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Nerve

It feels weird to call a movie a "modern day Hunger Games" because that series is still relatively recent, but that's definitely what this is. Nerve is what the Hunger Games would be like if we had them in the current day instead of waiting for the future for it to happen. Instead of fighting to maintain the social order, people are putting their lives at risk to compete for social media notoriety. 6760

We went to NYC and got snowed on, among other things

Back in January, several of us took a trip to NYC. At the time, we intended to do some articles on the different shows that we saw there. Then, we got snowed on and...well, we forgot about it. After coming across this draft in the archives, I decided to go ahead and flesh it out for posterity. 6065

Paper Towns

From the mind that brought you The Fault in Our Stars comes another YA a movie with a twist. 4357

Sex Tape

Jason Segel and Cameron Diaz team up to show an example of how having kids will ruin your sex life and your ability to make good decisions. Sex Tape feels like it's trying to appeal to a similar (if maybe slightly older) demographic as Neighbors did earlier in the summer. It's an entertaining movie but it doesn't achieve the same level of hilarity that the earlier summer flick did. 1076

Begin Again

Originally released on the festival circuit in 2013, Begin Again has made its way to theaters in the summer of 2014. During what has been a bit of a lull in the Summer movie season, this movie was a refreshing feel-good movie with a lot of fun moments and a really good soundtrack. The story of Begin Again is fairly simple. Dan (Mark Rufallo) is a record exec with a broken family/personal life who's just been fired by the company that he helped found. As he's drinking his sorrows away, he overhears a song being played in a bar. The song is being performed by Gretta (Keira Knightley), who was pushed to perform the song by her friend Steve (James Corden). Gretta is fresh off of a break up with her boyfriend Dave (Adam Levine). Gretta followed Dave to America after his music career took off. As Dave adjusted to the trappings of fame he grew more distant and eventually cheated on Gretta, leaving her living with Steve and preparing to go back home. When Dan hears her play, he's able to imagine what her music could sound like and tries to sign her. After he tells her the truth and the two get to know each other, Gretta goes with Dan to his record label to pitch the idea of her doing a record. Dan's old partner isn't thrilled about the idea, but agrees to let her put together a demo. Instead of doing the Demo, Dan and Gretta decide

Glee Season 5 – The End of Glee Club and the New York Era

Glee has always been a unique show, making interesting decisions even from their pilot. In case you don't remember Glee aired their pilot episode months before the rest of the first season aired, which raised a lot of eyebrows. However, no decisions made by the show runners has led to the demise of this still beloved show. When the show began it was almost a parody of what television had become but, as time grew on, it began to resemble the very thing that it had mocked all along. I guess the Batman line saying "You either die a hero or live long enough to see yourself become the villain", also holds true for TV shows. However, with the announcement that the show will likely end its run after its next season, this season felt like a turn in the right direction. Admittedly, the show is not what it once was. The cast has fluctuated and numbers have gone down over the years (as they do with almost any show). The show was plagued by incoherent continuity, over the top characters, some cringe-worthy story lines and a clumsy handling of character development/progression. All the while, keeping itself afloat with chart topping musical sales and die-hard fan support. Now, in its 5th season, Glee has had a major paradigm shift brought on, in part, by the death of leading man Corey Monteith. Show runner Ryan Murphy has made it publicly known (both in interviews and even in dialogue from the show) that the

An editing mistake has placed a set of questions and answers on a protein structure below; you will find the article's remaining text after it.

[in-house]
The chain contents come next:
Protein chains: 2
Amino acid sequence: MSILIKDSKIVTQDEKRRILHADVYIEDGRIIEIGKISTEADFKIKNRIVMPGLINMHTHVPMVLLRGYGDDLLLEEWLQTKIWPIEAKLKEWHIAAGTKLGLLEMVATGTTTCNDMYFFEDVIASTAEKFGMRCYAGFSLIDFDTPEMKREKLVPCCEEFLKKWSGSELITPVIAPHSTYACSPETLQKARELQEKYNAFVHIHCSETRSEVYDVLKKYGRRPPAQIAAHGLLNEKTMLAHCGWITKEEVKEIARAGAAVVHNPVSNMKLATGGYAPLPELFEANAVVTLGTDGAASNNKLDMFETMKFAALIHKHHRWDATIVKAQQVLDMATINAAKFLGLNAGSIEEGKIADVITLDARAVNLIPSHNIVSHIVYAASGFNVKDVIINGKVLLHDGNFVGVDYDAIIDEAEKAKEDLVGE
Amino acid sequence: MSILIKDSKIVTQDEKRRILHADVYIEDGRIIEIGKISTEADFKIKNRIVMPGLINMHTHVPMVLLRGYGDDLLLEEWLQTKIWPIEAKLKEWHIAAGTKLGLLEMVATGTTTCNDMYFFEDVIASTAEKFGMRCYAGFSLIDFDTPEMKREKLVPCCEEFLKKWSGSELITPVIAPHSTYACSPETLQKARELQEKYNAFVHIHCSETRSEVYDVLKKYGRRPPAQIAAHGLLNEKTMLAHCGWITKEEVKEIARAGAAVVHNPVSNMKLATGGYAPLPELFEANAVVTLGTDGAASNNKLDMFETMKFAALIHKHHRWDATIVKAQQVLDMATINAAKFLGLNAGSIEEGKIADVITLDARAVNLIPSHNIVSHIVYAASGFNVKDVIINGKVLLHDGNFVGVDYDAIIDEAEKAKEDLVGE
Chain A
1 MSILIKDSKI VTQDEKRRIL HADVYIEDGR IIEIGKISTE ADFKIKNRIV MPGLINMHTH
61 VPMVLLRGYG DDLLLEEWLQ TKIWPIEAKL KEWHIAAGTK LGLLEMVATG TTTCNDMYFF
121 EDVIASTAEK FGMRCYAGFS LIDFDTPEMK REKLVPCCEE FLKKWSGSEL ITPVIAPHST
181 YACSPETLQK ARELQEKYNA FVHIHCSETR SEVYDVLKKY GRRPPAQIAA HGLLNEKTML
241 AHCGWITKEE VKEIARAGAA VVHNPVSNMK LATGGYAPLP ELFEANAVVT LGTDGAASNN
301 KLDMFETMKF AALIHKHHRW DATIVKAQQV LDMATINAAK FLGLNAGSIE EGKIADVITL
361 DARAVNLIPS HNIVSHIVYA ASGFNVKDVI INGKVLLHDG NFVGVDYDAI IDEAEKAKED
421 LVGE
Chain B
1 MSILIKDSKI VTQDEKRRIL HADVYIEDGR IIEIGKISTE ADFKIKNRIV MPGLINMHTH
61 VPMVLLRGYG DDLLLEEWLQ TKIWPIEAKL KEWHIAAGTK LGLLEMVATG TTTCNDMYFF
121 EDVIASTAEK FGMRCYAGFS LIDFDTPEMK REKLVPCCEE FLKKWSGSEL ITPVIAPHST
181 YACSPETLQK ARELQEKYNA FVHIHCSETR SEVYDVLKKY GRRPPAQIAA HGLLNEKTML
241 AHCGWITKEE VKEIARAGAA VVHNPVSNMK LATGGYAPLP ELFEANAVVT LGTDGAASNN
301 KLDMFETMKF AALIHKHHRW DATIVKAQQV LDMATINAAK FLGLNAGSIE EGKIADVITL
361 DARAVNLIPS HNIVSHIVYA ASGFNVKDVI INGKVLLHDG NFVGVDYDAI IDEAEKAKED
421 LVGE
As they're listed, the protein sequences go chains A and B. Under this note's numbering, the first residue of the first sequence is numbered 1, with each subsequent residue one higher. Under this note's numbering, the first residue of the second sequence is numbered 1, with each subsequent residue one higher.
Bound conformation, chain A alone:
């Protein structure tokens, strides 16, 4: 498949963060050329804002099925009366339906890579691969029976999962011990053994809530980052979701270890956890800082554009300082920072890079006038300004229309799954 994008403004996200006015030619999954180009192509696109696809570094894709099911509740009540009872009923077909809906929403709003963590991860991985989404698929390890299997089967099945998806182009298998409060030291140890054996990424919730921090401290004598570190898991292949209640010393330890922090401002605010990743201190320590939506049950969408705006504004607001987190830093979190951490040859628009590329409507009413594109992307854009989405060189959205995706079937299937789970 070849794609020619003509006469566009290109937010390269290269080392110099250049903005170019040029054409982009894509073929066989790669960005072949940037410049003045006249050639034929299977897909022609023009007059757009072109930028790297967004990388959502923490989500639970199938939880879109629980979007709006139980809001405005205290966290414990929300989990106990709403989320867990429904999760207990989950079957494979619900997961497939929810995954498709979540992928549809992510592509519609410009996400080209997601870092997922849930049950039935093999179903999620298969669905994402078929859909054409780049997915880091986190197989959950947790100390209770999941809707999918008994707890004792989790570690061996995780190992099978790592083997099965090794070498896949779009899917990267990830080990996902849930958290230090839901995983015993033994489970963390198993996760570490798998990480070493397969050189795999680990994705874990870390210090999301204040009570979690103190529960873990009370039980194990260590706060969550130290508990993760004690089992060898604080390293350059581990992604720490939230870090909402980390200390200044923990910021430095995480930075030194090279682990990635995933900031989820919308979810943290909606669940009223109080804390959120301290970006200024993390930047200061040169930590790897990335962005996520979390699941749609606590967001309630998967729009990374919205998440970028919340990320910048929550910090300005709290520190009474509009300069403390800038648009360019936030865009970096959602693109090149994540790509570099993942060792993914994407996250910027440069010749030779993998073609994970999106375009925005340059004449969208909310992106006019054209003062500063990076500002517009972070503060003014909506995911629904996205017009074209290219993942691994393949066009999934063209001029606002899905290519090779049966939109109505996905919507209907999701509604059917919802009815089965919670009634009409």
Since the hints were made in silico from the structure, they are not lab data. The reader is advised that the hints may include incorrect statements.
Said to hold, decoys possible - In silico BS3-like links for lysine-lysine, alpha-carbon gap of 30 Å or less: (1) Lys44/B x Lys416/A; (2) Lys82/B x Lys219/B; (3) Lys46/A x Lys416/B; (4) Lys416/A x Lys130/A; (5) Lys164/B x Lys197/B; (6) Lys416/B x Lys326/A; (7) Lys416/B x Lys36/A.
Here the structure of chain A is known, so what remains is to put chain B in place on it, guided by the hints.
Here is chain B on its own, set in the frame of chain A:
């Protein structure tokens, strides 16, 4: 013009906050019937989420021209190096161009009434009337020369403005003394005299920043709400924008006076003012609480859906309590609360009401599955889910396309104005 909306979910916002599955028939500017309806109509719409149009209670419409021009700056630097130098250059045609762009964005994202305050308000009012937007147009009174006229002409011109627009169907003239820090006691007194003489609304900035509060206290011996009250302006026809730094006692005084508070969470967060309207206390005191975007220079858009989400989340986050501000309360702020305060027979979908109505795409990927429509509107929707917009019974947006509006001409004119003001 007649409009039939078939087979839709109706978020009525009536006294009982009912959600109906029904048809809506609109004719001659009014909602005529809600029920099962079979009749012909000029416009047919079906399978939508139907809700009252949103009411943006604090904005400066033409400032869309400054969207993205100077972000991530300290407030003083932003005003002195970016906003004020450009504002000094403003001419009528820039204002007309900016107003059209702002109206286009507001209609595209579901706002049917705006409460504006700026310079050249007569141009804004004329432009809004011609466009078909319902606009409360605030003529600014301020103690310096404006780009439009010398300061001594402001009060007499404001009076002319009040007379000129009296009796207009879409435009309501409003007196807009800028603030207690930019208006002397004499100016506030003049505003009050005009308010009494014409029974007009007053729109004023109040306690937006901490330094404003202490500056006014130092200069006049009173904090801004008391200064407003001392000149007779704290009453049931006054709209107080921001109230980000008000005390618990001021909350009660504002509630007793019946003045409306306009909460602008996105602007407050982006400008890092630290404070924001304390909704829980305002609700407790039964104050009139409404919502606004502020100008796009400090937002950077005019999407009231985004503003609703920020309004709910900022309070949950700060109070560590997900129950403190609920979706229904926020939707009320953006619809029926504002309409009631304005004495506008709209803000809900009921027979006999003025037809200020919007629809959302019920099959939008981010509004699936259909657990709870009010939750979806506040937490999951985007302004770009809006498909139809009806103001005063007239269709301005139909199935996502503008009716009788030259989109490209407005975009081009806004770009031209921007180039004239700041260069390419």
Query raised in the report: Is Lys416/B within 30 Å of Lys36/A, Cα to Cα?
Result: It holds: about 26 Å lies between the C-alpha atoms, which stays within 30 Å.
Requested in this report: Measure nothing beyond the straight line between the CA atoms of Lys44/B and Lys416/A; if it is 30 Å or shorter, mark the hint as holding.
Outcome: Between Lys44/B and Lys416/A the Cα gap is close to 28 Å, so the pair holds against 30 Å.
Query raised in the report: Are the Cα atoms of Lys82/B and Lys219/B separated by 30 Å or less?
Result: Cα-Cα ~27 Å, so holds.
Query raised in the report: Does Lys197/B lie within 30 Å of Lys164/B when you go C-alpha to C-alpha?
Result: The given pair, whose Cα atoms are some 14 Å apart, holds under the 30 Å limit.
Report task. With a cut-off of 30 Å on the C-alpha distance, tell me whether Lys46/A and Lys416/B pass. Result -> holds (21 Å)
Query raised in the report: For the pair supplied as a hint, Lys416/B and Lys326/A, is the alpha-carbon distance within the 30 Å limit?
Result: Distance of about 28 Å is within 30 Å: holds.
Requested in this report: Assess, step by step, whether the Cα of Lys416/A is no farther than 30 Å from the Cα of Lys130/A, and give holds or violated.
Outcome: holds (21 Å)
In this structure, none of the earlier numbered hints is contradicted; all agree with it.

JoJo’s Bizarre Adventure: Battle Tendency

Covers Season 1 episodes 10-26 I have to start off by acknowledging that, like with most sequels, I just didn't enjoy Battle Tendency quite as much as I did Phantom Blood, but that doesn't mean that it wasn't enjoyable or good. The story is a continuation of Phantom Blood, although it is largely unrelated. It's a little longer than the first arc but it doesn't really feel like it comes off the same as the first season, feeling a little bit more like a standard anime/manga plot. Well, standard for a JoJo's story that is. I don't know if you can call a show where the main character is fighting ancient super beings alongside Nazis a "standard" plot. The production values of these two story arcs are pretty much the same  as well, which makes sense seeing as how they're both part of season 1 of the anime. In the end, I think me not liking this arc as much has a lot to do with the main protagonist of Battle Tendency, Joseph Joestar. Joseph (also known as JoJo) is the grandson of Phantom Blood protagonist Jonathan Joestar. However, unlike his grandfather, he is not a gentleman, in fact, he's pretty far from it. This JoJo grew up in New York City around the 1930's and is kind of a thug, although he does have a good heart. JoJo was born having the innate ability to control Hamon energy and is also very adept at bluffing and reading his opponents. All of this

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